There is good evidence that nursing workloads have increased substantially in recent years. The most recent Nursing Labour Force report from the Australian Institute of Health and Welfare indicates that while the number of full time equivalent (FTE) nurses employed in public acute and psychiatric hospitals declined by 2.8% between 1995-96 and 1998-99, the number of patient separations has increased by 7.4%. In private acute hospitals, the number of FTE nurses employed during this time increased by 11%, however, the number of patient separations increased by 16%4.
Cancer nurses practising in outpatient and day treatment facilities can attest to the implications that these changes have had for the throughput of patients in these settings, and for the type of education and support required by patients and their families. It is not surprising then that a recent qualitative study of nurses working in chemotherapy settings in Australia identified that many cancer nurses had concerns about their ability to provide quality cancer care in the present health care environment. Resource issues were identified by participating nurses as being a major cause of frustration and distress, as they recounted numerous examples where lack of resources had prevented them from providing the care they believed patients required5.
Related to these workload issues is the growing concern amongst some members of the nursing profession that one of the major factors contributing to current workforce problems in nursing is that a large proportion of the profession feels undervalued, is excluded from decision making, and is therefore unwilling or unable to work in the present environment.
The report of proceedings from the National Nursing Workforce Forum convened by the Commonwealth Government in September 1999 concluded that many nurses perceived there is a gap between what nurses can do, and the public and government understanding or acceptance of that potential. Participants at the forum argued that this is evidenced in the relatively minor role nurses have in decision making about health policy and service provision, and the relatively low level of funding for nursing research15. These circumstances have led various nursing leaders to ask whether it is that “educated, articulate and questioning nurses are no longer willing to work in a system that does little to validate them, to recognise their new status or acknowledge their central place in health care”16, and to question “why governments still cling to the outdated view of nurses as a pair of hands, rather than as a resource for shaping the health care to be delivered”17.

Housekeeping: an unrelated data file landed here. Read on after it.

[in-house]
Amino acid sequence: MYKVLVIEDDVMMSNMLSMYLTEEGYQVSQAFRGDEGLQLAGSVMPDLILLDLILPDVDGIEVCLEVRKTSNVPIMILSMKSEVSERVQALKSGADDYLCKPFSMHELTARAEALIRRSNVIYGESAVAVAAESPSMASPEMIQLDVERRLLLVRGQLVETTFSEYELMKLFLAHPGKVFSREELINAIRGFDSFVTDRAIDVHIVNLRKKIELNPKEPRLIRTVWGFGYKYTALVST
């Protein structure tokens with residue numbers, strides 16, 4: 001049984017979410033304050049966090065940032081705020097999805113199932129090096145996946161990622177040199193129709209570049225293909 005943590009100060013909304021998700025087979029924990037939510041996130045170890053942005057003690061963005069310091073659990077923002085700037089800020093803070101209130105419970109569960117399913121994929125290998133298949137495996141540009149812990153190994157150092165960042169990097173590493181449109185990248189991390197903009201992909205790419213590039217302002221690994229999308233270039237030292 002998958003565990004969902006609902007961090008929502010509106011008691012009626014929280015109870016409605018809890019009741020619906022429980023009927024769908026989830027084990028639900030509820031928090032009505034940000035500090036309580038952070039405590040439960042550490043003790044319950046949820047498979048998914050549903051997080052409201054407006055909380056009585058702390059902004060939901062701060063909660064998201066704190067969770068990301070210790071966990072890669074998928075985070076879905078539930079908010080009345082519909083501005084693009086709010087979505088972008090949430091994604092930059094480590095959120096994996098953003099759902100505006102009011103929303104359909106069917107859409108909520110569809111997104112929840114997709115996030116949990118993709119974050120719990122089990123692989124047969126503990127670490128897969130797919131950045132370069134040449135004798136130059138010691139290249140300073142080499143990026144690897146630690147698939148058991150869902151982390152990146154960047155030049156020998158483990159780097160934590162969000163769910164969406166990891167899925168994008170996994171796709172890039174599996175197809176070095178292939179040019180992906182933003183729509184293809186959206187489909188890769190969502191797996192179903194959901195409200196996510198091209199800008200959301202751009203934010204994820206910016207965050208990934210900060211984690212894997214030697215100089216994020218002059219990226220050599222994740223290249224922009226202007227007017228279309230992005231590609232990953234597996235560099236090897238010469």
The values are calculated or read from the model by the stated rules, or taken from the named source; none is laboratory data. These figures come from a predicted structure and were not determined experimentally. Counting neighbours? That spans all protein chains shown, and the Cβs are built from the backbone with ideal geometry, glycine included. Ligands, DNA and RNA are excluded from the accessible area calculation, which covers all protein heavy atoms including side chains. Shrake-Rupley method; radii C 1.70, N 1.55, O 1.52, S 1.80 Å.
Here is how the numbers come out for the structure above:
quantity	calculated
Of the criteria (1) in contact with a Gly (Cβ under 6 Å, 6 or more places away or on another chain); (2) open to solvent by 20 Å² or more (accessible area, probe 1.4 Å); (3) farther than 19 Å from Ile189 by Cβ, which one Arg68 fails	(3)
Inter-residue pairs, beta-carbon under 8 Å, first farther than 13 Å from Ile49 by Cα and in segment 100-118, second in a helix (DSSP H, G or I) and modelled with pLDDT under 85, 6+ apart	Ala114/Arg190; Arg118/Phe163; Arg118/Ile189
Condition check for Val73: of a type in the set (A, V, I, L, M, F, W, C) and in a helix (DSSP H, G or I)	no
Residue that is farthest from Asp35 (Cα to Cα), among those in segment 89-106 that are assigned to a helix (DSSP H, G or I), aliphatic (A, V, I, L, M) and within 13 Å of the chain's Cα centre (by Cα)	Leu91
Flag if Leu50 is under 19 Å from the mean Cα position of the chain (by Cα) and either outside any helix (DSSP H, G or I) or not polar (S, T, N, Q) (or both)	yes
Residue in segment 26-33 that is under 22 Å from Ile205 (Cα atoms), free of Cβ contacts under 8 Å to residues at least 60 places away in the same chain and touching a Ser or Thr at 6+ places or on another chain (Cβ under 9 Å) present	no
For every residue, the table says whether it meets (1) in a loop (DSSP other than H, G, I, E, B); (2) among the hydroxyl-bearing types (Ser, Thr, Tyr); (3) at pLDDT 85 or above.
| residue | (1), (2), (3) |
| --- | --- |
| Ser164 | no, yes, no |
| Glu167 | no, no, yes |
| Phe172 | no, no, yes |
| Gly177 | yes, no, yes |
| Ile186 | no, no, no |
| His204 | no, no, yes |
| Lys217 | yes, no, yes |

Indeed, nurses have historically had difficulty identifying and placing a value on their contribution to care of patients18, and clearly articulating their vision for cancer nursing services of the future. While medicine can demonstrate its contribution to cancer treatment with statistical results, the outcomes of nursing interventions are not always as easily measured in terms of its effect on outcome nor publicly displayed in graphical format19. The contribution that good nursing care makes to patient outcomes often remains unnoticed and is less than explicit20. As a result, individual judgements about nursing’s contribution to health care tend to be made arbitrarily20, making specialist nursing services, and the benefit that they bring for patients, more vulnerable in times of cost reduction.
For quality cancer care to be delivered, a number of issues relating to nursing services need to be addressed. The Commonwealth Government’s recent announcement of the establishment of the Australian Health Workforce Advisory Committee (AHWAC) provides an important opportunity to achieve a nationally coordinated approach to addressing the multiple factors adversely impacting on the nursing workforce. AHWAC met for the first time late in 2000, and established that its initial workforce planning focus will be on the nursing subspecialities of critical care, emergency nursing, aged care, mental health and midwifery. It will be important to monitor the progress of this committee, and ensure cancer nursing issues are also considered in the appropriate forums. This will require nurses to further develop health policy knowledge and skills, if they are to influence the outcomes of government and local institutional policy in a positive way.